Saddle Peak

Saddle Peak from BackBone Trail on Bulldog Loop.
Saddle Peak from BackBone Trail on Bulldog Loop

Was up early, hoping to beat the heat and do a local run. It looked as though thick high clouds would keep temps down for a while, so several good runs were a possibility. After some debate, I decided on an out and back run to Saddle Peak.

My usual route starts at Piuma Rd. & Malibu Canyon, and follows the Backbone Trail approximately 6.5 miles to a short spur trail which leads to the actual summits of Saddle Peak. Much of the route used to part of the Bulldog 50K, and can be combined with the Bulldog Loop to do a self-supported 27.5 mile run. Here’s a Google Earth image of a GPS trace of both routes.

While both the Bulldog and Saddle Peak routes have great views, are about the same length, and have similar elevation gains, there is one significant difference. Except for a short, 0.3 mile stretch along Piuma Rd., all of the Saddle Peak route is on single track trail.

The trail covers a variety of terrain and habitats. Some sections are lush and shaded, with bay trees, moss-covered rocks and several species of ferns. Other sections are rough and exposed, and can be brutally hot. Not far from where the trail tops out, it passes through a unique area of steeply inclined sandstone slabs.

(Photograph of Saddle Peak is from a Bulldog Loop run on October 2, 2005.)

Humboldt Lily

Humboldt Lily (Lilium humboldtii ssp. ocellatum) in Upper Las Virgenes Canyon Open Space Preserve.

I had been running for nearly an hour, and the heat was oppressive. Following an unusually cool Spring, it had been tough to adjust to afternoon temperatures of nearly 100 degrees. Running from the Victory Trailhead of the Upper Las Virgenes Canyon Open Space Preserve, the exposed “main drag” had been like an oven. The refreshing green hills of Spring had turned a golden brown, and the muddy ruts of a Ranger’s truck had been baked to the hardness of concrete. In Las Virgenes Canyon there had still been a little water in the creek, and I had scooped water into my hat and poured the cooling liquid over my head and down my back.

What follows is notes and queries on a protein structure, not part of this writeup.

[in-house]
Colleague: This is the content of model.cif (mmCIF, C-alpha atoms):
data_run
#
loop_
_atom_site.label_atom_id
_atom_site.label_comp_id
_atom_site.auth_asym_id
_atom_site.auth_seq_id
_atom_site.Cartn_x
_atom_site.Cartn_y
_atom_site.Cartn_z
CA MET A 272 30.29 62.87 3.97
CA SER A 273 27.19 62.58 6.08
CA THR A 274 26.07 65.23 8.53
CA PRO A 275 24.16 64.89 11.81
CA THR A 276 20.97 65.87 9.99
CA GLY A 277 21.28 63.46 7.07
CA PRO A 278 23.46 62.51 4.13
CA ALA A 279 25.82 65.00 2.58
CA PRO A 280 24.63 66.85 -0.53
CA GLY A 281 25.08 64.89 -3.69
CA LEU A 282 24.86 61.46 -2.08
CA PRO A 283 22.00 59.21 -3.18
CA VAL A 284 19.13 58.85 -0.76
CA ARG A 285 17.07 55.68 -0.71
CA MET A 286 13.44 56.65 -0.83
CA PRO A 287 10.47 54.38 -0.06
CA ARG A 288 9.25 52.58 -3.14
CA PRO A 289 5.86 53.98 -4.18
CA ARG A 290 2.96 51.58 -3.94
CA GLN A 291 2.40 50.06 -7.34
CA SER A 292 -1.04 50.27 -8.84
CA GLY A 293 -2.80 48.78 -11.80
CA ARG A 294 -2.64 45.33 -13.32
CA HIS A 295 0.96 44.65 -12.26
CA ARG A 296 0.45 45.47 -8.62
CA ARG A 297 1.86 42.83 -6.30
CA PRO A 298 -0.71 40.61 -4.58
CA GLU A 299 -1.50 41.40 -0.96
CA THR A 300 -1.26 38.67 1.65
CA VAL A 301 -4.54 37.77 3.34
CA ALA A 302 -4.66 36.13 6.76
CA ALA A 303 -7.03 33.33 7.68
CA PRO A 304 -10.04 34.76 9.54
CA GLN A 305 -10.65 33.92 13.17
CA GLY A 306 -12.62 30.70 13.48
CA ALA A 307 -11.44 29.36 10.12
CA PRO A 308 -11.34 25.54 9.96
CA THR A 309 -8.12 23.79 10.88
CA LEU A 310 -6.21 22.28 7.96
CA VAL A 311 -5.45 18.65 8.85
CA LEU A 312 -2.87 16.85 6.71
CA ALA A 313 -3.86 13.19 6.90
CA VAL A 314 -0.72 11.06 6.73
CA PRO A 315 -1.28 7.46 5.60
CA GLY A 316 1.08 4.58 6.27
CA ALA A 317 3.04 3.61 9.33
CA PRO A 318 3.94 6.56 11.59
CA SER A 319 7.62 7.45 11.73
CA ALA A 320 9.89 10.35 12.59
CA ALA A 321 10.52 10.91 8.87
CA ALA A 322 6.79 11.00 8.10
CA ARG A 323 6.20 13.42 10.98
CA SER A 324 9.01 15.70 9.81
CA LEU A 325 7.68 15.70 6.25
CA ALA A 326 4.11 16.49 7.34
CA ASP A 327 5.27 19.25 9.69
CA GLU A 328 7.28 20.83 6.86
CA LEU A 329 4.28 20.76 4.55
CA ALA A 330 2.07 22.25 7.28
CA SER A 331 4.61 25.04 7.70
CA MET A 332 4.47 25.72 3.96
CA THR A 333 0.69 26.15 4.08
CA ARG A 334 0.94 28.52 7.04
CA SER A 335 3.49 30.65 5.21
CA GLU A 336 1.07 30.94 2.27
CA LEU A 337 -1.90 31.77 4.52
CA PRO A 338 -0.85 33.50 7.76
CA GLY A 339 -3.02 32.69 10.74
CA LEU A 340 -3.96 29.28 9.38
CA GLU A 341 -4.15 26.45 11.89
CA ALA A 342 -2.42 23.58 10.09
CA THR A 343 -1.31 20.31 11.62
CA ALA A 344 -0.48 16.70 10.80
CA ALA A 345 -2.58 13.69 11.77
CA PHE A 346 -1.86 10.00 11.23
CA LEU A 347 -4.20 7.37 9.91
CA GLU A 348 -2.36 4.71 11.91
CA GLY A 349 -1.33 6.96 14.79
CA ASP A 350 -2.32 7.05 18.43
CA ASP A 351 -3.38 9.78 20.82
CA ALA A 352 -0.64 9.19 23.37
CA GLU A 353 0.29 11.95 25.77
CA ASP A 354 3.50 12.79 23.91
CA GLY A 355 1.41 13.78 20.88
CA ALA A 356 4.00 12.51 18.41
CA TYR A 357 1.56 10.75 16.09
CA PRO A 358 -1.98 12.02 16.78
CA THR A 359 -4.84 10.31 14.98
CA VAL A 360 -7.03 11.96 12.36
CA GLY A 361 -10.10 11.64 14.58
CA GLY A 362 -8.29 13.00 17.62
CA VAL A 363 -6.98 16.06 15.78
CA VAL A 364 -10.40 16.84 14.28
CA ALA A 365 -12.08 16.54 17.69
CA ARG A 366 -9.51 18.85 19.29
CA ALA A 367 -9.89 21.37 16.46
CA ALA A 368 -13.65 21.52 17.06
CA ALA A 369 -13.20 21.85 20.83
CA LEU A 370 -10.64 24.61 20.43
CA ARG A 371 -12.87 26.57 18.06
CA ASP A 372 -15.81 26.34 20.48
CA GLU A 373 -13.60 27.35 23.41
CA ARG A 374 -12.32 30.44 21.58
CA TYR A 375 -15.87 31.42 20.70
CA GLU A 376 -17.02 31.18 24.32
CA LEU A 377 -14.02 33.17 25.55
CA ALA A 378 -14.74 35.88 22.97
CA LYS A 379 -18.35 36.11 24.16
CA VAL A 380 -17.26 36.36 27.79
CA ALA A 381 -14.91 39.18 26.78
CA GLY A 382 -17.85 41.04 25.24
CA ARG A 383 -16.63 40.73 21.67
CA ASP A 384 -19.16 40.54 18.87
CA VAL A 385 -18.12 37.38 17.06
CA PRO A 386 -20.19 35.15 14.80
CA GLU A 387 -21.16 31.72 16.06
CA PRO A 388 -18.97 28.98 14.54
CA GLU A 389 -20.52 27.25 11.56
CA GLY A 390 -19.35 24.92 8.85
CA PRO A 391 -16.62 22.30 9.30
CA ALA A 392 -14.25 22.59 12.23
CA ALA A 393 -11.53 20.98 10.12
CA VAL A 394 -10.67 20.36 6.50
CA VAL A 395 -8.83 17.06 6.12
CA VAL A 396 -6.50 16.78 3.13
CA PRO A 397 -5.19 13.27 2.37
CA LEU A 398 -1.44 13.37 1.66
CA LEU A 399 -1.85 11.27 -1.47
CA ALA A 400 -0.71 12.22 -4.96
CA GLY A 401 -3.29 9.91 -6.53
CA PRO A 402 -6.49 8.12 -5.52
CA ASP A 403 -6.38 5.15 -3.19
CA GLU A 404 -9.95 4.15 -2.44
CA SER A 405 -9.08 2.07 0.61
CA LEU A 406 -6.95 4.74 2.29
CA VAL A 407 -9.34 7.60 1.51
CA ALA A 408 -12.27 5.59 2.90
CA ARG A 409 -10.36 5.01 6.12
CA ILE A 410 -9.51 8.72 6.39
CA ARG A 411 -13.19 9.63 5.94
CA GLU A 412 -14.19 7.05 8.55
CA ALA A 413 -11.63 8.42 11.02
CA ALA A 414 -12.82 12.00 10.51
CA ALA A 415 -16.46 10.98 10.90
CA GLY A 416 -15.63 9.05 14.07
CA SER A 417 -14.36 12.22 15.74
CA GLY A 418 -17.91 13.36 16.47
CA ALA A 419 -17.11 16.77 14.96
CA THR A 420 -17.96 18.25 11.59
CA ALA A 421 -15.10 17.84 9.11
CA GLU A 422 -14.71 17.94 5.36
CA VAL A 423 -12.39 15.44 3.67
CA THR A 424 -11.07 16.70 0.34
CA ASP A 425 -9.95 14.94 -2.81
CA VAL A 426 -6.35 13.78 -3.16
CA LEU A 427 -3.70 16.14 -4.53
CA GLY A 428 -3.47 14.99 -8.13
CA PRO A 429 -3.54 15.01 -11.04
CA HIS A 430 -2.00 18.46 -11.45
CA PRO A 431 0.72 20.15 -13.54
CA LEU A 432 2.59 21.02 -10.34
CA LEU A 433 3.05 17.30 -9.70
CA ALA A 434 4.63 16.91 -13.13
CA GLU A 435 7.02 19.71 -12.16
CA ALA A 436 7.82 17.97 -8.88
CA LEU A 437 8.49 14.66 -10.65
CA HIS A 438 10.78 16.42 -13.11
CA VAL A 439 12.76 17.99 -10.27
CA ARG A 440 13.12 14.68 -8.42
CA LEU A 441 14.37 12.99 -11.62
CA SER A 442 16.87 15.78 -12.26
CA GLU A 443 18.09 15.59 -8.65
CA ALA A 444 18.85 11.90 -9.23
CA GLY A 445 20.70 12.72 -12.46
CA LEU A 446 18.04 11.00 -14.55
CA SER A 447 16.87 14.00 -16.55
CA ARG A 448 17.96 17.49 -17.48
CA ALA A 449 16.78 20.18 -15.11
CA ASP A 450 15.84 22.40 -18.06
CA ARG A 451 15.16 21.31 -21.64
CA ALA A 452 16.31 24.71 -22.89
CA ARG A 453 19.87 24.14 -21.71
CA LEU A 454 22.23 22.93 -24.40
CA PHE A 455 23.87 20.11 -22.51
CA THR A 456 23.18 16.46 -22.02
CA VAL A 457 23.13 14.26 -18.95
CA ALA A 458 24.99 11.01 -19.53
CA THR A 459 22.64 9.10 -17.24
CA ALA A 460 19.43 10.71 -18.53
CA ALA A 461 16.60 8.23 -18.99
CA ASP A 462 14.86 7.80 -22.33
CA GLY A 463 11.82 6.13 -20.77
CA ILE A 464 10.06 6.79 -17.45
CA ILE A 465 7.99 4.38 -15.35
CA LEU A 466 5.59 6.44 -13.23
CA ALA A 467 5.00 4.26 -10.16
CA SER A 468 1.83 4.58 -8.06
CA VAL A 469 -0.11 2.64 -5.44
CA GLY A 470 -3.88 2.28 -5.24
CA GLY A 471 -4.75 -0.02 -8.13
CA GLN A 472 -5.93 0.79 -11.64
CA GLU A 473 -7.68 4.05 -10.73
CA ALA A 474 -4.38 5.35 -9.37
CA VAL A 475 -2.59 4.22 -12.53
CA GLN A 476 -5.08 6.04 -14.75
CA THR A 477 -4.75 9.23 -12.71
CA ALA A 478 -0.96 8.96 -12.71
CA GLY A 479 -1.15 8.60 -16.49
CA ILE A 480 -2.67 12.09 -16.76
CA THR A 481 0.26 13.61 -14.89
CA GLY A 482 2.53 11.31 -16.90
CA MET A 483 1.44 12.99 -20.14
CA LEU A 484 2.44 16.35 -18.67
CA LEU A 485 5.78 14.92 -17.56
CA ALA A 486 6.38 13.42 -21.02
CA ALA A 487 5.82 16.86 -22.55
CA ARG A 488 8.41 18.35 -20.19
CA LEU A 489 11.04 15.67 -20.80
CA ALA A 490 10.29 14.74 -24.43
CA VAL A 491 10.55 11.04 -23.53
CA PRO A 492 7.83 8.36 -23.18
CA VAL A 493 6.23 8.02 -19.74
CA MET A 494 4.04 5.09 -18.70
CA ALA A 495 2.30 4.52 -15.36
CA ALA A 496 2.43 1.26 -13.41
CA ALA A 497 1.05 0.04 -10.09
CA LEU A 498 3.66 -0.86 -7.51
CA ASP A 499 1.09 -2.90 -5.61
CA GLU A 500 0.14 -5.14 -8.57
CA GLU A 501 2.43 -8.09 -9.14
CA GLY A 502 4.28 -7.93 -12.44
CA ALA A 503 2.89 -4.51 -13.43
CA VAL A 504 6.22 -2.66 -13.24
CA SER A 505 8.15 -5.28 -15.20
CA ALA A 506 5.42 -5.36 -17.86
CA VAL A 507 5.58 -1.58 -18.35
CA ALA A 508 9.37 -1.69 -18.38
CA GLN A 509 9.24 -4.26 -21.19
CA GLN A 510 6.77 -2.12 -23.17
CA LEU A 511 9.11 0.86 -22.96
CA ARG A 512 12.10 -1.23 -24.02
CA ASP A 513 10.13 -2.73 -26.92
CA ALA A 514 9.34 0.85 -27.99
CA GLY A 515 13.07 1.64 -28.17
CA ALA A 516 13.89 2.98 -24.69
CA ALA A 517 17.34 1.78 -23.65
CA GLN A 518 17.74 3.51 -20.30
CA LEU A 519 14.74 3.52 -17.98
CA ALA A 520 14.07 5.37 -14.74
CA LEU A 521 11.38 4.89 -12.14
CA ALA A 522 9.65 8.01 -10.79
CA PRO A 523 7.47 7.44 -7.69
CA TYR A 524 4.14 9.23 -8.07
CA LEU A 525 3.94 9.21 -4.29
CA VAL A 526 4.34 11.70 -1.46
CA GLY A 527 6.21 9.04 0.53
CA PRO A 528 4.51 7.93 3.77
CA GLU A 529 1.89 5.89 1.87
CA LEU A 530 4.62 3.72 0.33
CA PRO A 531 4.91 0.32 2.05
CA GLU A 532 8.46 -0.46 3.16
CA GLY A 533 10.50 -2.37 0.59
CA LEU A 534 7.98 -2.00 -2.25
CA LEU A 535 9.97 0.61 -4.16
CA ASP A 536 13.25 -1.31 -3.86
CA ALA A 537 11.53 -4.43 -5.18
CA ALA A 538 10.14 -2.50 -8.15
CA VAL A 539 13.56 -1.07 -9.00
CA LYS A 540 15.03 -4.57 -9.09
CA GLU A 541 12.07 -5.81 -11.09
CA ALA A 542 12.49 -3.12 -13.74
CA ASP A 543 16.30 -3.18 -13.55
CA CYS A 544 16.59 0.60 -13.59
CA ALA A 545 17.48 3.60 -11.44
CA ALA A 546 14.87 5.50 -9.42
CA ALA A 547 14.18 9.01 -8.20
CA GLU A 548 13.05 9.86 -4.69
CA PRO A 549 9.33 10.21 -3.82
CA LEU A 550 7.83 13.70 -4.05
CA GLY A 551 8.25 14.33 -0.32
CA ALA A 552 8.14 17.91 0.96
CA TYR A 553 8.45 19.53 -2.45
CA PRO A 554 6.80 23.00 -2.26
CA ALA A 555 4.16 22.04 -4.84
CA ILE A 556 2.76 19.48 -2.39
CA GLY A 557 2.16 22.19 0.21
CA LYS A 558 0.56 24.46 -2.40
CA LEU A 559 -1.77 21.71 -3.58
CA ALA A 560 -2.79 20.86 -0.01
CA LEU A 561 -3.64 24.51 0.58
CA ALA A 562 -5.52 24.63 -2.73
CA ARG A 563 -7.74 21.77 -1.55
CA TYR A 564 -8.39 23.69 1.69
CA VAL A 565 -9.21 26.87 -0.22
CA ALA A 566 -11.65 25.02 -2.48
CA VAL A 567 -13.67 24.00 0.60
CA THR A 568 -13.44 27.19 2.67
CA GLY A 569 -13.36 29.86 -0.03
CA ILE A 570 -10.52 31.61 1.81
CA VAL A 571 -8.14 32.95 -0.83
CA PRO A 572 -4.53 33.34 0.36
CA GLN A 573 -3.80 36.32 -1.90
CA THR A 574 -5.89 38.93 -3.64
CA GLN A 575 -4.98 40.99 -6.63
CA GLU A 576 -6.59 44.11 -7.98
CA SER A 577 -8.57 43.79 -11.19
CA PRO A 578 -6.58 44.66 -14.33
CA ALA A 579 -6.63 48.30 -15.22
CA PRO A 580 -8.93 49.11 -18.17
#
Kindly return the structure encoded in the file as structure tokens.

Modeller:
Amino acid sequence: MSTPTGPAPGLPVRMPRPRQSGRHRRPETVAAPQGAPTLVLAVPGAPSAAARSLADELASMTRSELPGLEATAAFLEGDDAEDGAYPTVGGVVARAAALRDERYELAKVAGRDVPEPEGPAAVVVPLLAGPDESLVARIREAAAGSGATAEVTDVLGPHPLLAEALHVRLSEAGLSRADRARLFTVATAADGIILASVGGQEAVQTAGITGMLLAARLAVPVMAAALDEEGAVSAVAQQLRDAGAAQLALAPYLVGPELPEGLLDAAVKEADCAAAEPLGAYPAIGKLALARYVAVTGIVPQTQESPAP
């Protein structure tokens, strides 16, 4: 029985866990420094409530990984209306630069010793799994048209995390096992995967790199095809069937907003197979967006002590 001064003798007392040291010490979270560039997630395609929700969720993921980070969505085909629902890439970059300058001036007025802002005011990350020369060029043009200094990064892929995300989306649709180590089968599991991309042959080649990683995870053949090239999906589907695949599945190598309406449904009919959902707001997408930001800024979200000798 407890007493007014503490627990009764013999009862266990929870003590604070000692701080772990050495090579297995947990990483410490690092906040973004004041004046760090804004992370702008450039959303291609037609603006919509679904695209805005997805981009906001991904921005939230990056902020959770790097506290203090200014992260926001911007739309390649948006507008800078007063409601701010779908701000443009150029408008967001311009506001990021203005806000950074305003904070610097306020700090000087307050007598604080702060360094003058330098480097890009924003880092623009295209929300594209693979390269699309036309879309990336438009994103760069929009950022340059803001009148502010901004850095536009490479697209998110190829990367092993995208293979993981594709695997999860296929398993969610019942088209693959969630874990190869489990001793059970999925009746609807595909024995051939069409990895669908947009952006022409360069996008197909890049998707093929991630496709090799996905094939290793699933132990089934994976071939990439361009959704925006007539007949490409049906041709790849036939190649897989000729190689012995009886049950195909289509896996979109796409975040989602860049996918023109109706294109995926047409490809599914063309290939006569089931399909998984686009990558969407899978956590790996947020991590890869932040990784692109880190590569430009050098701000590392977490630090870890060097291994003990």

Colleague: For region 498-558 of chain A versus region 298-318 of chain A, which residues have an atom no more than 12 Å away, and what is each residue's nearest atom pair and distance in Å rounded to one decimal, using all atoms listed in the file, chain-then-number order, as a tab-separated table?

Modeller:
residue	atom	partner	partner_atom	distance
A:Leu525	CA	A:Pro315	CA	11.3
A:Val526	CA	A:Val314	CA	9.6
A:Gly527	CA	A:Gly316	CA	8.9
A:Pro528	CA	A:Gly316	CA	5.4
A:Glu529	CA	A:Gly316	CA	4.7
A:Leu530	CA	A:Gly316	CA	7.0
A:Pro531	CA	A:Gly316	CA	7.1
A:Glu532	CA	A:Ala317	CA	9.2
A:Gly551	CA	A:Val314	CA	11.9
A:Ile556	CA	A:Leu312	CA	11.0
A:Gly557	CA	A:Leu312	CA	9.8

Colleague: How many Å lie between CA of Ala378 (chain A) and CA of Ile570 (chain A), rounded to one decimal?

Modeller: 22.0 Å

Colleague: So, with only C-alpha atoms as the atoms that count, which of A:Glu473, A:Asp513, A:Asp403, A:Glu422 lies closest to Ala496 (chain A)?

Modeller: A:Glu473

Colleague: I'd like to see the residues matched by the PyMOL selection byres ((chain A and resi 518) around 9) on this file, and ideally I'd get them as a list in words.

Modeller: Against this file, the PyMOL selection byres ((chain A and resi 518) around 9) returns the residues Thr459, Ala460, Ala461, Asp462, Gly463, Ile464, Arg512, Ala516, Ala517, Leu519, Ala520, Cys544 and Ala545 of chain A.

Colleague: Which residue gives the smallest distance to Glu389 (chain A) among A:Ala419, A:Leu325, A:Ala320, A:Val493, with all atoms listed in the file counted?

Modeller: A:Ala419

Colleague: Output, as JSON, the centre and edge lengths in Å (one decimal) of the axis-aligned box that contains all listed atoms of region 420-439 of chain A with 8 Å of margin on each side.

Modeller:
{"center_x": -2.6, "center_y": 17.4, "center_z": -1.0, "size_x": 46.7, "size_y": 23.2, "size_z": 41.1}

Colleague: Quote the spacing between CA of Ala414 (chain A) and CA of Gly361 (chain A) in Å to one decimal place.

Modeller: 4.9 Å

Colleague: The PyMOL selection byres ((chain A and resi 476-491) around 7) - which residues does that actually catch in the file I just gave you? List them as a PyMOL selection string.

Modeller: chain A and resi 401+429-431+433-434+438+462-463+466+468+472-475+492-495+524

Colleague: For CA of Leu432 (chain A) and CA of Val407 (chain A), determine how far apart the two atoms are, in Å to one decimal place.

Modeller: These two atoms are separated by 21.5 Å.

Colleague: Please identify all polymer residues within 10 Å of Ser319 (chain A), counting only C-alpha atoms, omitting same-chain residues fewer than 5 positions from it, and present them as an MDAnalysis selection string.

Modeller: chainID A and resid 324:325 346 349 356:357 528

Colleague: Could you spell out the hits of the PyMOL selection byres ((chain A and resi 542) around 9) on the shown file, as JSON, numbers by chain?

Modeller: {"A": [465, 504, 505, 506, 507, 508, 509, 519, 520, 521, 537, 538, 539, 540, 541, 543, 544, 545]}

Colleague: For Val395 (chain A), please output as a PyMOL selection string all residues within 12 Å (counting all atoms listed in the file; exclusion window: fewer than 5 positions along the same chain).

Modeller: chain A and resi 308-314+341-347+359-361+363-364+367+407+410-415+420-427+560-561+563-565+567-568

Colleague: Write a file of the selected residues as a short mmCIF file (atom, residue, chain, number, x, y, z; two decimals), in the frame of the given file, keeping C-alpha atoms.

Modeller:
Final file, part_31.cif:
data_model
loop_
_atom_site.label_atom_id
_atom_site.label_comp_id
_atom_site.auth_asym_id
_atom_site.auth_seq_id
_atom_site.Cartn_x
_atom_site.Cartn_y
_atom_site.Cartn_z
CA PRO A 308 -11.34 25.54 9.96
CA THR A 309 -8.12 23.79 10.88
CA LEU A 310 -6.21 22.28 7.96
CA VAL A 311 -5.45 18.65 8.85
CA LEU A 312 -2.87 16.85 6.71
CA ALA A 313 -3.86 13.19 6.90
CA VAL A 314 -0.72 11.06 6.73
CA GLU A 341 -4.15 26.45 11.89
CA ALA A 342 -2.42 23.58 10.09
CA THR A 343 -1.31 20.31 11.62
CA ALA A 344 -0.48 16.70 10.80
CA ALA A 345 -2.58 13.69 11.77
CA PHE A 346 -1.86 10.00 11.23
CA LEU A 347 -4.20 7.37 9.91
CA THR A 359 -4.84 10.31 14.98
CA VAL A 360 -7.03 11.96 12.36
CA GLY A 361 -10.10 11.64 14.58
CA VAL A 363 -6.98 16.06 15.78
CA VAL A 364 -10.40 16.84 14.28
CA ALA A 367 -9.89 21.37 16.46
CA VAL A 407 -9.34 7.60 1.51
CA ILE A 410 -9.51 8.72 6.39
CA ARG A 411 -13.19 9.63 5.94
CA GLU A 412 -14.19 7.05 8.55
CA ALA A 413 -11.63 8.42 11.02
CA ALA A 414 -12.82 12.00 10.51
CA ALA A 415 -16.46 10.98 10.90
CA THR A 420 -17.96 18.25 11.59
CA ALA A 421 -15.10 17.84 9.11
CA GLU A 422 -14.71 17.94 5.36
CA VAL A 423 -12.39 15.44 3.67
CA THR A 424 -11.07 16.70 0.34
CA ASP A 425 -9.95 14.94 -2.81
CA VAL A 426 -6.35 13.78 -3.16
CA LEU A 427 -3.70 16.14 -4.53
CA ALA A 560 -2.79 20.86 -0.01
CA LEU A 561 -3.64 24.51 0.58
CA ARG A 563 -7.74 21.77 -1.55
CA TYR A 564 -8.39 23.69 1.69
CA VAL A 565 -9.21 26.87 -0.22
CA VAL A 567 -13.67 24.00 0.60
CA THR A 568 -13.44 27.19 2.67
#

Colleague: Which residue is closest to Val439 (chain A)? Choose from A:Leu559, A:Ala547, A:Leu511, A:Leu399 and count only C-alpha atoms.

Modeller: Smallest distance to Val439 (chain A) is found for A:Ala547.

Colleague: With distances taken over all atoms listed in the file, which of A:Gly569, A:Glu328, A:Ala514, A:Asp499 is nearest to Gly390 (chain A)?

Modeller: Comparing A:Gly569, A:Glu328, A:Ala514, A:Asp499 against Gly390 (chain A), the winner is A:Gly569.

That had been a couple miles ago. Now the best the stream could do is turn the trail sandy as it snaked along the canyon. Running through the broken shadows of Oaks, Willows and Sycamores, I rounded a corner, and could only exclaim, “Wow!”

If the red of a Snow Plant is startling to see on the forest floor, then seeing the gold and burgundy of a Humboldt Lily (Lilium humboldtii ssp. ocellatum) in a shaded corner of this sizzling landscape is at least surprising. This showy lily is a California native, not an escaped ornamental. It occurs sporadically in shaded canyon bottoms, often near stream courses. Because of its specific habitat, it is relatively uncommon. As a result it is listed in the California Native Plant Society’s Inventory of Rare and Endangered Plants as being uncommon and fairly endangered in California.

(Photograph from yesterday, June 22, 2006.)

Snow Plant

Snow Plant (Sarcodes sanguinea) is so different from the norm that each encounter is memorable.

Snow Plant (Sarcodes sanguinea) is so different from the norm that each encounter is memorable. In a world where most plants are green, its startling red color and unusual structure always make an impact.

Snow plant pushing up through detritus.
On Sunday, while running on the Tumamait Trail between Mts. Pinos and Abel, I had the opportunity to photograph Snow Plant in its early stages of above ground development. This revealed how the plant uses specialized bracts as armor while pushing up through detritus on the forest floor.

A bract is a modified leaf that is usually located near a flower, but differs in size and appearance from a normal leaf. A bract can be as simple as leaf that is reduced in size, or it can be modified to serve some other function, such as appearing to be a petal. On the Snow Plant they are relatively long, red strips that overlap and create a protective barrier as the bullet-shaped plant pushes to the surface.